Australia’s largest farmer bank has been left with $2.3bn in losses as the government prepares to cut off credit to the bank.
The Commonwealth Bank of Australia (CBA) has reported that it will be liquidating its Australian operations and cutting staff in response to the Government’s announcement that it would end its mortgage guarantee scheme for farmers.
The bank will also lose $4.4bn as it prepares to lay off staff as a result of the decision.CBA will also cut its lending to agriculture, with its lending on agricultural products and infrastructure to a total of $9.3 billion by the end of the financial year.
In a statement, CBA CEO Steve Jackson said the bank was reviewing its lending policy and would “implement the most appropriate and prudent course of action for the financial position”.
The move comes after the Government cut the $8.6bn it was providing for farmers in 2017 to $6.2bn.
The Government has been accused of cutting the Government Farm Credit scheme in response.
It will also axe a scheme that provides loans to small and medium sized farmers, which will result in more than 10,000 farmers losing access to the $6,000 grant, which is used to finance up to 15 per cent of the cost of a property.CAA’s chief executive Andrew Ransford said the loss of a loan would be “disappointing” to farmers who had worked hard to build a strong financial position.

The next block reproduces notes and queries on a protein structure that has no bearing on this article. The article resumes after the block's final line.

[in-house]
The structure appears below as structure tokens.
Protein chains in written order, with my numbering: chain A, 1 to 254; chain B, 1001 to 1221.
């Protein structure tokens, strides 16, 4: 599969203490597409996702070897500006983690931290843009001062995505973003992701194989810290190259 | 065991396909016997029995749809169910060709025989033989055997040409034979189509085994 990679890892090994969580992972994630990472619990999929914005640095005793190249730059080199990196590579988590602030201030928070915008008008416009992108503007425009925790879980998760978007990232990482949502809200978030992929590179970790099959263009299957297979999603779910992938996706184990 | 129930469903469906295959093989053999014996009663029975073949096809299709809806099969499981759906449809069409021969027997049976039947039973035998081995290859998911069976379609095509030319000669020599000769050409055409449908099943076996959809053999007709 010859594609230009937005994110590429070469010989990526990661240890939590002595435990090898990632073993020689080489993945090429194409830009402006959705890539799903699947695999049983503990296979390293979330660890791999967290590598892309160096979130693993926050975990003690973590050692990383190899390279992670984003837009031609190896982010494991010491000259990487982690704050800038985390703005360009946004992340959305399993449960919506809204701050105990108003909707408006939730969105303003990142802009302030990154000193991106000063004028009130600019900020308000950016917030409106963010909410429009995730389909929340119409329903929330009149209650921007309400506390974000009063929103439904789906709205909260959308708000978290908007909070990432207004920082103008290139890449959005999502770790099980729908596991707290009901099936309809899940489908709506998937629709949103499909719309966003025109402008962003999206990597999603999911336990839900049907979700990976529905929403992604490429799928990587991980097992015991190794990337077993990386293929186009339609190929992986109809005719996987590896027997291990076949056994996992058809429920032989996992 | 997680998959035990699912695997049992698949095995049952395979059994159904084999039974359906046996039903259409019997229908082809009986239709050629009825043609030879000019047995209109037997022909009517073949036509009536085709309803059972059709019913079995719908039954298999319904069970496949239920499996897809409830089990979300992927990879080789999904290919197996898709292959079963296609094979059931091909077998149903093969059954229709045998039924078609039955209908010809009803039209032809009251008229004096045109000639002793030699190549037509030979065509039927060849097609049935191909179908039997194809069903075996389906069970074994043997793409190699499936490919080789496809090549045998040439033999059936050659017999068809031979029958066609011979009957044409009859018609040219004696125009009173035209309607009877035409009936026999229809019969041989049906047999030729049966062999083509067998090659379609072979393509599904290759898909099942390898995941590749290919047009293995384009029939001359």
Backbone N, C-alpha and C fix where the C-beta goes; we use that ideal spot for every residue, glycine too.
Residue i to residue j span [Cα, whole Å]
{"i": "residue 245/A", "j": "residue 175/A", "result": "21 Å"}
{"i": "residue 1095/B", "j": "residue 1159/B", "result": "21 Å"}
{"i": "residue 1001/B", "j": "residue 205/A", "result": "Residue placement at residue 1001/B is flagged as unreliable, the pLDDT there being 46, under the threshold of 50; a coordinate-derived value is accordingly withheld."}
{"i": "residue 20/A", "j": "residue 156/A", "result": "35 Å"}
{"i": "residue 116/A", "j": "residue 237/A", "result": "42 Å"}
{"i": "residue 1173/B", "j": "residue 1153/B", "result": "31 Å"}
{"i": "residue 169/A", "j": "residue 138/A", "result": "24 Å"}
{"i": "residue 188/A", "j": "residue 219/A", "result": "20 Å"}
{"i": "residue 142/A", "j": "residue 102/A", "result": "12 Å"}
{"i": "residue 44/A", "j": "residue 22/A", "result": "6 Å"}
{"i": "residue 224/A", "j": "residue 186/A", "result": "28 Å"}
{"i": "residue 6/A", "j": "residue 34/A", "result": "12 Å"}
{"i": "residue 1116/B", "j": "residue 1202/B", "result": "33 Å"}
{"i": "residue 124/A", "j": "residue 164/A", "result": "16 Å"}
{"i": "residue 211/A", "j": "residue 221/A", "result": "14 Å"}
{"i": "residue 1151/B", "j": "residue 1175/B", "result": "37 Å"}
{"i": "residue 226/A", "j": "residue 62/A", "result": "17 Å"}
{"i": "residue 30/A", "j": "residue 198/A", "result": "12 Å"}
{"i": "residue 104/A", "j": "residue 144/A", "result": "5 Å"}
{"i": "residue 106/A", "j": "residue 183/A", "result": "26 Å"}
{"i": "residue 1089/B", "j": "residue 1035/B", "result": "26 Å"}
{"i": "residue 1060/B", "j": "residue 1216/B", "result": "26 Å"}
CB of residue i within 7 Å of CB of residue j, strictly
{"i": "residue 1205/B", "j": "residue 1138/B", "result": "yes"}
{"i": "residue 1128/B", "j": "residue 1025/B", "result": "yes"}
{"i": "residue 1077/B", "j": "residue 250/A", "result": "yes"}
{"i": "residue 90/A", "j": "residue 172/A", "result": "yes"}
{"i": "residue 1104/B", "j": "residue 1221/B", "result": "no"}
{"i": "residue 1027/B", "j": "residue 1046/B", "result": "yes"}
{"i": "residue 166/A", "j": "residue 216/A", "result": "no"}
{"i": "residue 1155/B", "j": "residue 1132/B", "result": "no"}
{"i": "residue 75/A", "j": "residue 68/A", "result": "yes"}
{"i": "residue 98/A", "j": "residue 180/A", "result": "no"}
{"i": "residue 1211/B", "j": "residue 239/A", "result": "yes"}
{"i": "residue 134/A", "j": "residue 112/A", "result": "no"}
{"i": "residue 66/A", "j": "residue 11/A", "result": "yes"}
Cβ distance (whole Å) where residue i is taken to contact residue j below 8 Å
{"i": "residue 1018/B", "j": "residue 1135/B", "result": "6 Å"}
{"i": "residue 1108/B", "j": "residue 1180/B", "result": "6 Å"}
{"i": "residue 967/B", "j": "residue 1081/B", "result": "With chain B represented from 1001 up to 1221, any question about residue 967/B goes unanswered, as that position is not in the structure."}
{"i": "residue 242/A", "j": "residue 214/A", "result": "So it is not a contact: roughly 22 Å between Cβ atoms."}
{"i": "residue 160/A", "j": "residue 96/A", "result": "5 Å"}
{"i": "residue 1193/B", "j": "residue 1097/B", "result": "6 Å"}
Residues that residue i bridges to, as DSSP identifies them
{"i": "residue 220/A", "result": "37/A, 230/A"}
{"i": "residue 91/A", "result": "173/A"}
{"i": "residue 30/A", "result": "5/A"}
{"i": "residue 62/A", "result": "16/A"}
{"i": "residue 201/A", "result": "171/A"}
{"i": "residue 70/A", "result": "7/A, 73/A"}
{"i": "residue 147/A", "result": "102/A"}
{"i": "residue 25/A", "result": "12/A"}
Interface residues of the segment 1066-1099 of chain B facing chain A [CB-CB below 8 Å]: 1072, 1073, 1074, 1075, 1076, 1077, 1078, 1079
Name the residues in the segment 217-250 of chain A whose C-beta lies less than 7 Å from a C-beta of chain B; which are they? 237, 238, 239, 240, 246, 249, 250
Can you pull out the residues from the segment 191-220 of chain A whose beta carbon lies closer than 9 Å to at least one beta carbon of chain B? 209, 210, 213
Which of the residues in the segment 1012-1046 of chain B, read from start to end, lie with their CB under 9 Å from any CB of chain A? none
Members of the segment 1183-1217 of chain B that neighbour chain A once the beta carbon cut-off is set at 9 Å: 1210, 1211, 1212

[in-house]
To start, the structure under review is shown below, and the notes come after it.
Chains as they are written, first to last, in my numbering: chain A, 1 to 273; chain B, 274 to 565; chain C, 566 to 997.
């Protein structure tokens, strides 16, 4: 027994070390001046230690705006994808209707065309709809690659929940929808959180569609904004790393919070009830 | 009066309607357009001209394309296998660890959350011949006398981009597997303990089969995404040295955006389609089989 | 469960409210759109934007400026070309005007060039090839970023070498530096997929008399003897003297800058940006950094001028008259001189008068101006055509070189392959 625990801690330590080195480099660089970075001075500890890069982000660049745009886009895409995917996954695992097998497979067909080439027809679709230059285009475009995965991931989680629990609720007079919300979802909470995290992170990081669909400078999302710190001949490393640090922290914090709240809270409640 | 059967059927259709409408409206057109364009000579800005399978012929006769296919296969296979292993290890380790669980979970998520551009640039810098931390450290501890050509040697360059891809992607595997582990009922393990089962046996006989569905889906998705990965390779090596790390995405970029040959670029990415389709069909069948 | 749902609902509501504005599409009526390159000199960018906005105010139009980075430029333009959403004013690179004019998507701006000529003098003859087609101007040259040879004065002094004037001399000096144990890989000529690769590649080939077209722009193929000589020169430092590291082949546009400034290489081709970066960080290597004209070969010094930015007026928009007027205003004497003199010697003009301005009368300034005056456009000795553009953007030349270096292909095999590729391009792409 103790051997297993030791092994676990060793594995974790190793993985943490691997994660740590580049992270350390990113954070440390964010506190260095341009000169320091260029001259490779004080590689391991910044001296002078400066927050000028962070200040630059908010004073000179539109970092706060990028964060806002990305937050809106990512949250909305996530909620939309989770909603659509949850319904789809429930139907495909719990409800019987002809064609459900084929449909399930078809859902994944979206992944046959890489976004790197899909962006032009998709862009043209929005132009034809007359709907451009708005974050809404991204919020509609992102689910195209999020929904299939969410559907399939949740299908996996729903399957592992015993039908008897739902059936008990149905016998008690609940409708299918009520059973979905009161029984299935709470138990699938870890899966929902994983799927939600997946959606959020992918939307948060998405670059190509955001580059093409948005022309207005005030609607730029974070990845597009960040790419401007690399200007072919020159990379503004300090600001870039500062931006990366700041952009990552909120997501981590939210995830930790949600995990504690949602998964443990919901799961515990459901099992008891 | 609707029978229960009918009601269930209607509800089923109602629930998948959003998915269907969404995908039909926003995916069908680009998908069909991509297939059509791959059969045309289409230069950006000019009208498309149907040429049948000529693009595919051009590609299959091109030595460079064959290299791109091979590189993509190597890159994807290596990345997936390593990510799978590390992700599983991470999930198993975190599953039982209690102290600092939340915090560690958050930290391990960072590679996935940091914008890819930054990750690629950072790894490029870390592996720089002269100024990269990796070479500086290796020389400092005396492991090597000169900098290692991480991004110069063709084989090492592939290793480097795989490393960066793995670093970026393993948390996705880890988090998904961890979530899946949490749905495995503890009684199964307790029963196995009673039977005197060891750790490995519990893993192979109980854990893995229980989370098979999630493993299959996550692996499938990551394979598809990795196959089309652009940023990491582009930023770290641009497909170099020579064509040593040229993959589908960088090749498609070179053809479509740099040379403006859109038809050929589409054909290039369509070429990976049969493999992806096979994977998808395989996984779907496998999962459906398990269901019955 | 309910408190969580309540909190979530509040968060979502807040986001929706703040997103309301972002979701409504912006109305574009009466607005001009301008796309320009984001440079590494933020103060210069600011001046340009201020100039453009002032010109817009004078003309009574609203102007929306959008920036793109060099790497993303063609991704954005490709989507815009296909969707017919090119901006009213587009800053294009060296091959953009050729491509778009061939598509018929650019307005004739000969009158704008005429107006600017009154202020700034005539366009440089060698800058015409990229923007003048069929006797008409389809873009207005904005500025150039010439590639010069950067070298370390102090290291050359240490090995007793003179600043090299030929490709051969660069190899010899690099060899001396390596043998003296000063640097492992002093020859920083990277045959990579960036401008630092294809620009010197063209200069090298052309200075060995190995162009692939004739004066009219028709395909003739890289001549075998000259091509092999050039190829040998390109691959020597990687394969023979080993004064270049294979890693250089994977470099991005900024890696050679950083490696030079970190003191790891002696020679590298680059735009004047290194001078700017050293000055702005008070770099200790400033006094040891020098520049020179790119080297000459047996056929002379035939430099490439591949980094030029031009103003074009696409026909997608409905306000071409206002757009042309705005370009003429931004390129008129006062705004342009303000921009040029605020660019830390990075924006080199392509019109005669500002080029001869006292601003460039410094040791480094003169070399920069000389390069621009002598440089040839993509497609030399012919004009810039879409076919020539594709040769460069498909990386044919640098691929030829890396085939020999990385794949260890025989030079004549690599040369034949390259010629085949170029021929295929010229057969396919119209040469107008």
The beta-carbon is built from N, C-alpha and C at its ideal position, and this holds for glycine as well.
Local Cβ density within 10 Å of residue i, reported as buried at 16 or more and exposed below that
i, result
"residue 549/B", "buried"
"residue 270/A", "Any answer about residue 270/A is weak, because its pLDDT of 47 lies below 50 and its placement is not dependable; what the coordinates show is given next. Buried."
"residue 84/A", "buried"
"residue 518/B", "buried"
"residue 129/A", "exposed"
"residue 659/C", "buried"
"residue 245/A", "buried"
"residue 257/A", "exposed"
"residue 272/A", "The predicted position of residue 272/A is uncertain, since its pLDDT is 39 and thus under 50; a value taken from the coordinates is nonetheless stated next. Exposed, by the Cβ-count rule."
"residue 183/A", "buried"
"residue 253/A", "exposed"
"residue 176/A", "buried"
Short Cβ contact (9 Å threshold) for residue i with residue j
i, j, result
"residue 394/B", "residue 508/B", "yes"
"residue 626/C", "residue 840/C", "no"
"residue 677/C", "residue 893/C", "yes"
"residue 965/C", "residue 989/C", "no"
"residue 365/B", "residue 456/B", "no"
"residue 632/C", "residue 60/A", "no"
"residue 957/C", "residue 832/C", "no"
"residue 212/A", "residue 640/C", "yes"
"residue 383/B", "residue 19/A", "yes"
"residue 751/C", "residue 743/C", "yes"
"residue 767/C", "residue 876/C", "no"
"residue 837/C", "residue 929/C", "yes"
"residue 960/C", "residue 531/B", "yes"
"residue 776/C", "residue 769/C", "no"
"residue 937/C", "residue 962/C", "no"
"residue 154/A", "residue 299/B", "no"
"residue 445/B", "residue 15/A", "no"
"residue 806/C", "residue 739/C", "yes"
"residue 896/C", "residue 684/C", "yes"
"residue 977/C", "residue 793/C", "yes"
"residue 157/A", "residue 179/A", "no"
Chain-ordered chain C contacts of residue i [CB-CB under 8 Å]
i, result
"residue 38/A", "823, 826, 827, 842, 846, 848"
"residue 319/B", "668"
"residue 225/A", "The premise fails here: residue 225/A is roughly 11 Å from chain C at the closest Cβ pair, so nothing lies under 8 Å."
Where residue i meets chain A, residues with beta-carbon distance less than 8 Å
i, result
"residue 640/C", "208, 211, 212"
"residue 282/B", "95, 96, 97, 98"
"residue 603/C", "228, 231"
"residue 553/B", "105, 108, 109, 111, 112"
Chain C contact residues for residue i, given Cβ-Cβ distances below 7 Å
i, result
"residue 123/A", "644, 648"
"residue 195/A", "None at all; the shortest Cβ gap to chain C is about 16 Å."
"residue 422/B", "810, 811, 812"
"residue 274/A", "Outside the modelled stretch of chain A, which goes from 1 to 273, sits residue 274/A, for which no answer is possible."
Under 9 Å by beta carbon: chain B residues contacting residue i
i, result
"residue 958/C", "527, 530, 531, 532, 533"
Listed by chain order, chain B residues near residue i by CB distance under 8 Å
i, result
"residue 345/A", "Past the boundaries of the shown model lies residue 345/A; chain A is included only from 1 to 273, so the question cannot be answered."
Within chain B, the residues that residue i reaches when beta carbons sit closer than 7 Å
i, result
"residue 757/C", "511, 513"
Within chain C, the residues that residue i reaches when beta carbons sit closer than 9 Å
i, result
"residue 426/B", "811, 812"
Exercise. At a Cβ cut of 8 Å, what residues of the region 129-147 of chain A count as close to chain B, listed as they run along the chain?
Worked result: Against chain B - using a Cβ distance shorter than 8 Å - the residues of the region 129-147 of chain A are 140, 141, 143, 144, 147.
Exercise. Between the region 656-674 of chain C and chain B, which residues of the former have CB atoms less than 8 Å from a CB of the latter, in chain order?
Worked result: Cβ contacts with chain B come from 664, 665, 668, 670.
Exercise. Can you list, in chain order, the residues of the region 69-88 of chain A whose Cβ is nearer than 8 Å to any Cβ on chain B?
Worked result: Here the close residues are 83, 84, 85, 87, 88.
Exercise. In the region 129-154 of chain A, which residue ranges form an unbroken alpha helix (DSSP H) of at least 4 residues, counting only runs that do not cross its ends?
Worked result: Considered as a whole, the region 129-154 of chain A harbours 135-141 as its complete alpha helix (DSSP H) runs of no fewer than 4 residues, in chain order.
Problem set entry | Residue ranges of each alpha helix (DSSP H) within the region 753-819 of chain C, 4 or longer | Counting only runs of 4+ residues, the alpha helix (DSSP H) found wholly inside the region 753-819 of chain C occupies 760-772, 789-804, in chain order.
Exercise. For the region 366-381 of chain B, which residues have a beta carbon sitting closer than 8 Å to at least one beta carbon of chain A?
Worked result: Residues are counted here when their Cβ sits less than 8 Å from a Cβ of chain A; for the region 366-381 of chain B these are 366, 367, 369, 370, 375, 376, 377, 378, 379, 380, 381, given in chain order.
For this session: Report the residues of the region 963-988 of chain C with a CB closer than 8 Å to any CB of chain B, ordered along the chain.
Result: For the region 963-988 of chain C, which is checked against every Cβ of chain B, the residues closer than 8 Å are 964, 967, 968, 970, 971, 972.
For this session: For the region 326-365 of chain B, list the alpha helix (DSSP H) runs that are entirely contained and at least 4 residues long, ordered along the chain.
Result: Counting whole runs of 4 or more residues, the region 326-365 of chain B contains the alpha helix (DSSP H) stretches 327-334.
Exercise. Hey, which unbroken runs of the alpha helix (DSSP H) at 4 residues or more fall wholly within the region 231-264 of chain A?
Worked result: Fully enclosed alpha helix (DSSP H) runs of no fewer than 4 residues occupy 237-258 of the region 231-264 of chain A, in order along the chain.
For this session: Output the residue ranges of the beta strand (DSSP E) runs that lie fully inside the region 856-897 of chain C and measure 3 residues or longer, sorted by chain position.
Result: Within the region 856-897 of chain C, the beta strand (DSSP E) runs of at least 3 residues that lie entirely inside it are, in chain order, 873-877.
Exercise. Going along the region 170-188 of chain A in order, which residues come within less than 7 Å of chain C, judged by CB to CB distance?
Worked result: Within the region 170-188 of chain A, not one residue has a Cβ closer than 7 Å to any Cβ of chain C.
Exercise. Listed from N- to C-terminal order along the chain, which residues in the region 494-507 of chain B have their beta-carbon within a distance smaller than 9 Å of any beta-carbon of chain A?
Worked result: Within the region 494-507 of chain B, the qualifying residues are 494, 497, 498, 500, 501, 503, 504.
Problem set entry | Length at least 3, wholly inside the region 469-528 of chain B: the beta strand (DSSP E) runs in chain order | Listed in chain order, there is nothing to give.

“While we would like to see the scheme continue, it is clear that the Government will be cutting the program to save money,” he said.
“We will be laying off some staff, however, the impact of this will be felt most by farmers who have invested in the industry.
Citing the “painful” impact of the loss, Mr Ransfords said the financial situation of the farm credit scheme would remain “painfully and significantly worse” for some time.
The CBA will begin liquidating and laying off staff at its Perth branch in October.
In July, CAA announced that it was winding down its Australian operation.
Cabela’s, the biggest retailer in the supermarket sector, said it would lay off 1,500 staff and cut 5,000 jobs, which were mostly in the WA and NT.
Coca-Cola said it had laid off 2,000 staff and laid off another 2,500 in the states of New South Wales, Queensland and Victoria.
Its US operations will also be affected by the move.